Halal and Tayyab, Cooking with a Conscience

Assalaamu alaikum!

Cooking spaghetti Bolognaise for lunch today gave me a sudden attack of conscience. The pasta was boiling and I was chopping up some ingredients to add to the sauce. I was hoping to try out a bottle of store-bought Bolognaise sauce my husband insisted we try. Yes, it had a halal stamp on it, but still, I wasn’t thrilled about the idea.

I looked at the label and sure enough, it was there. The every familiar halal logo right at the bottom right corner. I read the ingredients carefully. It sounded pretty good, onions, peppers, tomatoes, beef broth, minced beef and a couple of other things. I opened the bottle and smelled the sauce. It was great, very.. um tomato-ey!

It’s halal, it must be okay

But, I was still not convinced. Where there Muslim chefs in the kitchen? Where did they get the beef broth and minced meat from? Was there any chance of contamination in these industrial kitchens? I am sure nobody would hand out halal certifications without checking all of these things right?

It was not just about the food being halal. I know a lot of friends of mine who rely completely on the halal stamp. They would eat anything with a halal stamp on it, even if it was a bacon sandwich. “The sin falls on the people who take the responsibility of putting the stamp there for the rest of us,” I was told quite matter of factly. I disagree. It’s not just about halal, and if you know something is harmful to your body, why eat it?

I was still apprehensive about dumping even a dollop of this bottled Bolognaise sauce in my family’s lunch. I looked at the date of manufacture and then the sell-by date. “Wow, it lasts two years on the shelf!” I thought to myself. I was surprised. Then I was disgusted. Why would I want to feed my family bottled minced meat that was lying on a shop shelf for almost two years? The thought of putting something like that into my freshly prepared meal was mortifying.

What about Tayyab?

Needless to say, it took me a little longer to make lunch and whip up a pasta sauce from scratch, but it was all worth it when they asked for seconds. As a mother, I feel like it is my duty to make sure that the food and the meals I prepare for my family is not just halal, but tayyab. It needs to be pure and good for them.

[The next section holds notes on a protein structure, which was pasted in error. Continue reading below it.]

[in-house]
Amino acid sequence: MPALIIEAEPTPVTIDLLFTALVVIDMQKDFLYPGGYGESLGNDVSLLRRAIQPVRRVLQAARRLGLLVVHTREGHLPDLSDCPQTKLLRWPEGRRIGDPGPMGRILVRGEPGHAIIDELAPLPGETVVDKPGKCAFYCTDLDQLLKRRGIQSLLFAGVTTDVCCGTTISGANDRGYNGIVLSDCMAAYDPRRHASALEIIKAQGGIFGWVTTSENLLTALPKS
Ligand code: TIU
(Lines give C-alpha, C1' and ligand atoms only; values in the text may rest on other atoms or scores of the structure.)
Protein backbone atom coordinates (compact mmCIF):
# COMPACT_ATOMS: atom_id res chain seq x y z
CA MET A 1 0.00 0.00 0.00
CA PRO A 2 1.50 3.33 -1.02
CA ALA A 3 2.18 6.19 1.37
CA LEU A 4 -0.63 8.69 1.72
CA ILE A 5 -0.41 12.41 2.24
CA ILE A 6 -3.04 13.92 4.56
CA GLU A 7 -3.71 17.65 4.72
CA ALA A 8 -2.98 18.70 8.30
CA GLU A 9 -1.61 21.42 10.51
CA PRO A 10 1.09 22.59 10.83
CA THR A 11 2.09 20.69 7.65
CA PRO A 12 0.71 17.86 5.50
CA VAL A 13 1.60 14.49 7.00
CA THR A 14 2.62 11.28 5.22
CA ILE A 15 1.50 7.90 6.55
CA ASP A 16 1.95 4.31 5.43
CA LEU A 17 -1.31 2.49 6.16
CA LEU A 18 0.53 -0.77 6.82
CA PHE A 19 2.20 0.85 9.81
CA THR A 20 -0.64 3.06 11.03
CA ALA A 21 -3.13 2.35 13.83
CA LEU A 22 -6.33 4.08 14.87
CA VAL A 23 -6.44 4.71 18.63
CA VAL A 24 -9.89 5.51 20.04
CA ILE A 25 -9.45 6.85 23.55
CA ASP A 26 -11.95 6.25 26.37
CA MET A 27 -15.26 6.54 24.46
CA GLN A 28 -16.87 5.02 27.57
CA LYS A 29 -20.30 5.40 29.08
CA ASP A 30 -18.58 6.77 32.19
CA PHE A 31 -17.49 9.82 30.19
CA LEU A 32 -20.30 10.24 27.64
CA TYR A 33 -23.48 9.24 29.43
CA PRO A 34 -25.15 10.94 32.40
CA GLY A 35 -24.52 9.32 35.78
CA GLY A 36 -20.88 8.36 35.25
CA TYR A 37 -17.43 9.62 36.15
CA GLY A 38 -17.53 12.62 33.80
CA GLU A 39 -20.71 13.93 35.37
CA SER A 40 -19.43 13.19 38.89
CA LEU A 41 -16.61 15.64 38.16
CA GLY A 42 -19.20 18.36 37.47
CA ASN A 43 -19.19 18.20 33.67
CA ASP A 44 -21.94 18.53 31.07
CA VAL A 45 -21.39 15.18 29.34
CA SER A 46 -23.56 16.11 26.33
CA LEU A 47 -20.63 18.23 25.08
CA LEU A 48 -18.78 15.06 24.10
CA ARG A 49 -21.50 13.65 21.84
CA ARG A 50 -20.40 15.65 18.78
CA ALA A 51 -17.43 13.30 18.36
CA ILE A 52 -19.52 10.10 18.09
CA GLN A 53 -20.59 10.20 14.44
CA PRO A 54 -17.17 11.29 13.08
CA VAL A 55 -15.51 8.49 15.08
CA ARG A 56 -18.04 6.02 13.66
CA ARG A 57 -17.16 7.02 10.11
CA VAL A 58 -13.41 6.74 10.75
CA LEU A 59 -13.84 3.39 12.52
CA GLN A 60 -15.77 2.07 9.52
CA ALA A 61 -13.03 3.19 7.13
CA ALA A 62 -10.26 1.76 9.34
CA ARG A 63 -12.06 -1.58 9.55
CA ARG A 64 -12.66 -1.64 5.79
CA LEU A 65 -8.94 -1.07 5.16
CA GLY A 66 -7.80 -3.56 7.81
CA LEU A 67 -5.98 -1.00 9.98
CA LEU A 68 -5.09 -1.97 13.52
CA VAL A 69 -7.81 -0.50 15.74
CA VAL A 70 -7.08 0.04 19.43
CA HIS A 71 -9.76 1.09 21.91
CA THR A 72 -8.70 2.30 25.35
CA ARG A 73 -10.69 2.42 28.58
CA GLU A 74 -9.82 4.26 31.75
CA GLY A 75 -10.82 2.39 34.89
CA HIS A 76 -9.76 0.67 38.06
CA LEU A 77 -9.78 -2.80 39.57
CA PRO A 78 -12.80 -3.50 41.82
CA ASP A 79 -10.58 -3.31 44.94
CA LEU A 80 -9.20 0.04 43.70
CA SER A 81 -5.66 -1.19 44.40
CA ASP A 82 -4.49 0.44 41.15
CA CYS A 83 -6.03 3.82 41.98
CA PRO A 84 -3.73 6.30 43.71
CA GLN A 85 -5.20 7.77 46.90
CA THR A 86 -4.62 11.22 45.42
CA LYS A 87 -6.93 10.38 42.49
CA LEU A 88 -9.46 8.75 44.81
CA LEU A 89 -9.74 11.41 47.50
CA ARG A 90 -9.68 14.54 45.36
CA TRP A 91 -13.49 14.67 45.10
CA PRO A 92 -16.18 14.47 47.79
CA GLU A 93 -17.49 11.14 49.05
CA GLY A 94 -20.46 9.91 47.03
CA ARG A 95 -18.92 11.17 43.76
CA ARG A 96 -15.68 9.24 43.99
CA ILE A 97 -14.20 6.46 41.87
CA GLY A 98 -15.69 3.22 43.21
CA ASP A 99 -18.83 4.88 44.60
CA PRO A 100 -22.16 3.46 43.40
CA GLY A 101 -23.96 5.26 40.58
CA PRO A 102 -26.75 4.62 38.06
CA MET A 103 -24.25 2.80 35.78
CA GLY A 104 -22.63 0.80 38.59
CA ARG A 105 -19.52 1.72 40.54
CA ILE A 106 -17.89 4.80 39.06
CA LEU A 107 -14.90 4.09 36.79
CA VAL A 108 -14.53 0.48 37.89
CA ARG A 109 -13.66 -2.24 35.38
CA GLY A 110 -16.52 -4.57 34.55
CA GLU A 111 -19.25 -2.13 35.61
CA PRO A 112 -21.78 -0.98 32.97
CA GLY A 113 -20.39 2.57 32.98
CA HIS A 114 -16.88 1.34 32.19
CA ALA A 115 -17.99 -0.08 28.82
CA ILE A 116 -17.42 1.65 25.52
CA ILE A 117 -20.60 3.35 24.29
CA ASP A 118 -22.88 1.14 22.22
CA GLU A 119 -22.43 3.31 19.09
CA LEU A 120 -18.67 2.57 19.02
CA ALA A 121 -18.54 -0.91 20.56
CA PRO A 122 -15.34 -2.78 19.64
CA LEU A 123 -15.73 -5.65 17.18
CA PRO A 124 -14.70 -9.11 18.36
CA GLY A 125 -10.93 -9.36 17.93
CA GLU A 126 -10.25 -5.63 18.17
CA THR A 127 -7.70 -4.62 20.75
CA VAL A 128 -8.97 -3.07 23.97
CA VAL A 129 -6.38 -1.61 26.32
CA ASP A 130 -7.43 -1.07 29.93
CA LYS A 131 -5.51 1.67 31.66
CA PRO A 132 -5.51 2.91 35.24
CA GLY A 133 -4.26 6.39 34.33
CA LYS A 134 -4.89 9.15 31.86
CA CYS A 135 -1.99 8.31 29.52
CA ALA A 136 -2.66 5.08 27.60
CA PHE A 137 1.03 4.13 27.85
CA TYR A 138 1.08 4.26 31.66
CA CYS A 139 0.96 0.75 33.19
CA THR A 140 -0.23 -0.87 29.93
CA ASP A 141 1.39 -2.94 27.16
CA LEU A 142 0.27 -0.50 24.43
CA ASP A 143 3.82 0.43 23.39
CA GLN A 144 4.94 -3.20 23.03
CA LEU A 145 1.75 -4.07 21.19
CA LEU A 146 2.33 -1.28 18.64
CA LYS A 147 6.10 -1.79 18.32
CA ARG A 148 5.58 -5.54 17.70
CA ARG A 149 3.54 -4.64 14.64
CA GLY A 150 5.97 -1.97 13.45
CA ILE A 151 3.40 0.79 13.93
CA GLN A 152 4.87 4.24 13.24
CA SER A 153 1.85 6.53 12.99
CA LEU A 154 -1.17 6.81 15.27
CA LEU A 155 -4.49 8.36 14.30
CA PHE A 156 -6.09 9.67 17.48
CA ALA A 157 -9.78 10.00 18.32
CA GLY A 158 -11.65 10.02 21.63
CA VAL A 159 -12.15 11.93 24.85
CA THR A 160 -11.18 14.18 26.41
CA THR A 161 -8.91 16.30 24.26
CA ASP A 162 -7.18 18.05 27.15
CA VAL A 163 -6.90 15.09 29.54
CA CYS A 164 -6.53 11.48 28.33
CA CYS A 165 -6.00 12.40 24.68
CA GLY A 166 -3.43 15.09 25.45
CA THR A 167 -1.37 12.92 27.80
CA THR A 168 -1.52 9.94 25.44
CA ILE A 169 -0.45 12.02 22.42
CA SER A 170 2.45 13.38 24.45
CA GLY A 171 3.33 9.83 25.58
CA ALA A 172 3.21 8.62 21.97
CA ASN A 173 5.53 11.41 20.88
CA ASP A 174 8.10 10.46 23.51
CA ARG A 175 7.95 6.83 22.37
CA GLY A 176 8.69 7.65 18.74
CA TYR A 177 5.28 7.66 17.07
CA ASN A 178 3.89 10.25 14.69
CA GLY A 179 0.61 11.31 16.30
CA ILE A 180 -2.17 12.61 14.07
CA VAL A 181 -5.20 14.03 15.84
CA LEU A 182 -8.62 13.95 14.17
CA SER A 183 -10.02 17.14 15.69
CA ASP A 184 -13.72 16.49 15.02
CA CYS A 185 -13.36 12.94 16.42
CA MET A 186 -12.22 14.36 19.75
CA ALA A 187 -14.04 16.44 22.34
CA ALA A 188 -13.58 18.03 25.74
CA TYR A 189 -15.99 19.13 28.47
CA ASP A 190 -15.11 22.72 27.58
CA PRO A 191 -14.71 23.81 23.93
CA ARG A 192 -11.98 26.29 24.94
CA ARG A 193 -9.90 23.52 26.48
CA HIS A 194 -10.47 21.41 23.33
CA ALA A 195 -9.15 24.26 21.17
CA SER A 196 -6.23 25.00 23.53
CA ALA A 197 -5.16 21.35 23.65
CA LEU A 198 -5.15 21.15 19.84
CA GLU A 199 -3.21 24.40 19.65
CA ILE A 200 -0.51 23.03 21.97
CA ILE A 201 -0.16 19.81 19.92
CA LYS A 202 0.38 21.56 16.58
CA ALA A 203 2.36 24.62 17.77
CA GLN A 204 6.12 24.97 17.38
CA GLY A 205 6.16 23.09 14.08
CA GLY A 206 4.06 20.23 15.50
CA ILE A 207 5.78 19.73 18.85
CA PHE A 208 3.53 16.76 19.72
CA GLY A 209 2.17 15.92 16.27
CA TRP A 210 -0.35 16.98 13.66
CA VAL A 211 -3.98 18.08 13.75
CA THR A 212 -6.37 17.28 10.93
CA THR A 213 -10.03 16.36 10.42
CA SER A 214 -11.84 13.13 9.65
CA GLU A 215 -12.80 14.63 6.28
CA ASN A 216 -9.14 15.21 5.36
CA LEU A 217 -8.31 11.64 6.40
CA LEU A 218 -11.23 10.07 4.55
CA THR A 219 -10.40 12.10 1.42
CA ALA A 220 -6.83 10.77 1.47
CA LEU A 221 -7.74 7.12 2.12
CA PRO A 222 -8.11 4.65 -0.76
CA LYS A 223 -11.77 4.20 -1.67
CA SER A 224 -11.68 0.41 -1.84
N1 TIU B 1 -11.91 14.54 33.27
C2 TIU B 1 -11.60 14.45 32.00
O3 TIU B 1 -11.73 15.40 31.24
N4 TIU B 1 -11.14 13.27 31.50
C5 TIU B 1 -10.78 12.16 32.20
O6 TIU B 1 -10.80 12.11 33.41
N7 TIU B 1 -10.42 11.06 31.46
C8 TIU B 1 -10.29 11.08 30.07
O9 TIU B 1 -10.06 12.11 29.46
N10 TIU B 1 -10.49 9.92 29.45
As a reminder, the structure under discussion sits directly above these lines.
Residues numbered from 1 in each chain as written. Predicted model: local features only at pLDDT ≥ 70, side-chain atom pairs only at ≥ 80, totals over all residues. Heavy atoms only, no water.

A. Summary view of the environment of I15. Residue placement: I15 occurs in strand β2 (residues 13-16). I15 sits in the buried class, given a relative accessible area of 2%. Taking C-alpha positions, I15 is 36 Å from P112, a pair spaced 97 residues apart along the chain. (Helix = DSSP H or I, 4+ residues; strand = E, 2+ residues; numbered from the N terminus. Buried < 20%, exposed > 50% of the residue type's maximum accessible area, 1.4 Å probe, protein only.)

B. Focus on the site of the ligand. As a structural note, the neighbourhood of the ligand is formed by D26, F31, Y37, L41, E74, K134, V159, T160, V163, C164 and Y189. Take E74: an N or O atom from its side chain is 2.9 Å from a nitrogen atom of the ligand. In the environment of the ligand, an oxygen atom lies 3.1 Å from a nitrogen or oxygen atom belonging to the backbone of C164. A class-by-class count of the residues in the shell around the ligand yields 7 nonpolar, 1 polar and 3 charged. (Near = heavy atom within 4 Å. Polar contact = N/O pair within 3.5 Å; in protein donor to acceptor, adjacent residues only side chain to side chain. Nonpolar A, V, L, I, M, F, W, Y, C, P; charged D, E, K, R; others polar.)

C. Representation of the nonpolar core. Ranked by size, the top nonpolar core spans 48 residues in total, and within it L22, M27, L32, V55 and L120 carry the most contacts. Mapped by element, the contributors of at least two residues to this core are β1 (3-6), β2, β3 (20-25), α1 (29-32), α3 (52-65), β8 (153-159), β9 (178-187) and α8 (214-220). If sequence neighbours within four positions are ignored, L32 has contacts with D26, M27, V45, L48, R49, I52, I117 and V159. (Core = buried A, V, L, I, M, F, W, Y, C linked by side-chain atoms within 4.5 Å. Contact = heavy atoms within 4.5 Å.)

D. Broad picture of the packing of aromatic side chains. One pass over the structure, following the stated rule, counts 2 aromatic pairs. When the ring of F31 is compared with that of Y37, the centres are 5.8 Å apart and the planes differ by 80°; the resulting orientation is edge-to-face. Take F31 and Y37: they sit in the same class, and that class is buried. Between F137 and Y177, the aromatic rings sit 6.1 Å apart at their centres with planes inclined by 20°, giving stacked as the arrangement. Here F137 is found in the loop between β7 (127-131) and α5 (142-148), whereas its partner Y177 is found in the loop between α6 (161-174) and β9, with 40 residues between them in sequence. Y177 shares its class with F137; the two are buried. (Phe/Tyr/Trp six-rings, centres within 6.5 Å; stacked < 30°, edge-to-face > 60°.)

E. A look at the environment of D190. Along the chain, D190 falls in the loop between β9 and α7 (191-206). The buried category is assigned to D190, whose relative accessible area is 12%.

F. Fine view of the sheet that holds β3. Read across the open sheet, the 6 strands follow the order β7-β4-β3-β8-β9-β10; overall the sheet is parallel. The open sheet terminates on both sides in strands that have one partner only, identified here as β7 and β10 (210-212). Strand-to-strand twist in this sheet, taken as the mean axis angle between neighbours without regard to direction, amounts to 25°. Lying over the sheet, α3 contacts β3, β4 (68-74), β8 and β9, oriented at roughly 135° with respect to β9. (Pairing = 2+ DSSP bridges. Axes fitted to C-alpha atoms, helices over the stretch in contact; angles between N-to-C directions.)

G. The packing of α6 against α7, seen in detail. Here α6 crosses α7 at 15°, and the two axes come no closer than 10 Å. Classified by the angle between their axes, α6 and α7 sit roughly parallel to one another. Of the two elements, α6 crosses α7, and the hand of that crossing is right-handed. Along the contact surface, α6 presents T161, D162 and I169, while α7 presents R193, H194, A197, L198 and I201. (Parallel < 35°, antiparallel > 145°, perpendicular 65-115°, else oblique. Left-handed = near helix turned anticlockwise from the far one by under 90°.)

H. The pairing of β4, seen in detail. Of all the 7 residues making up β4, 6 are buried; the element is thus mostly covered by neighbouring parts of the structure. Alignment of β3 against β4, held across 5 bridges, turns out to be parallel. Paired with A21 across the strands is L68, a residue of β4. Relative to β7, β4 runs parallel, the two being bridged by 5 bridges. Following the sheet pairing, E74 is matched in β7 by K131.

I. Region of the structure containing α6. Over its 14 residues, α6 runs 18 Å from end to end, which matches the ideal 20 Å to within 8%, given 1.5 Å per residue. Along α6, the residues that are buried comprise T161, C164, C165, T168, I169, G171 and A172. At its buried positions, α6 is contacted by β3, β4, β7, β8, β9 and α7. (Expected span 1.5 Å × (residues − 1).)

Halal and tayyab are not synonymous. You will find many packaged groceries with halal logos that are genuinely bad for your health. Tayyab food is about eating clean, wholesome meals. It is about making sure that the food you prepare with love and devotion is not laced with chemicals and carcinogens. It should be nourishing and natural.

Allah Subhana wa Ta’ala commands us to eat from the beautiful and bountiful food that he has made for us which is halal and tayyab. Halal and tayyab go hand in hand. They are mentioned together in the Qur’an but we often see the halal logos and forget about our food being tayyab.

SURAH BAQARAH: 2: 168
يَا أَيُّهَا النَّاسُ كُلُوا مِمَّا فِي الْأَرْضِ حَلَالًا طَيِّبًا وَلَا تَتَّبِعُوا خُطُوَاتِ الشَّيْطَانِ ۚ إِنَّهُ لَكُمْ عَدُوٌّ مُّبِينٌ ﴿١٦٨﴾

[2:168] Sahih International

O mankind, eat from whatever is on earth [that is] lawful and good and do not follow the footsteps of Satan. Indeed, he is to you a clear enemy.

Teach your children

It is our responsibility to teach our children about what is good for them, what is lawful and pure for them. It is not just about a label, it is about a lifestyle. They need to be able to understand the effects chemicals and processed foods have on their bodies, minds and souls.

10 Tips for being mindful of Tayyab

  1. Food is anything that was once living or came from something that was, and maintains its natural integrity. That means, you can still tell where it came from without reading it on the label.
  2. The more processed food is, the less tayyab it is bound to be.
  3. Food-like products are products that have been artificially created in labs using elaborate processes, chemicals, additives, flavourings and all sorts of things you would want nowhere near your family.
  4. Remember, if it is not directly from a living source, it is probably not considered real food.
  5. Read the ingredients when you purchase prepared food or edible goods (if you have to read the ingredients to figure out what it is, it’s probably a bad sign…)
  6. The longer the shelf-life, the more chemicals it contains to preserve it, and the more chemicals it contains, the more harmful it is.
  7. Traditional farming methods use pesticides and chemicals that are almost impossible to remove completely from the food you prepare. Organic farming practices do not use dangerous chemicals or pesticides so they are better for your family.
  8. Grow your own food if possible or try to source natural ingredients from a reliable, local, organic producer.
  9. Educate yourself and your family about the dangers of fake foods and how it affects their health.
  10. Make healthy, responsible choices where you can.

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About the author

Zahara is an entrepreneur, homeschooling mom, education specialist, UX designer and writer. She currently lives in South Africa and works with social enterprises and faith based companies around the world. You can see some of her projects at http://zaharacassim.com/

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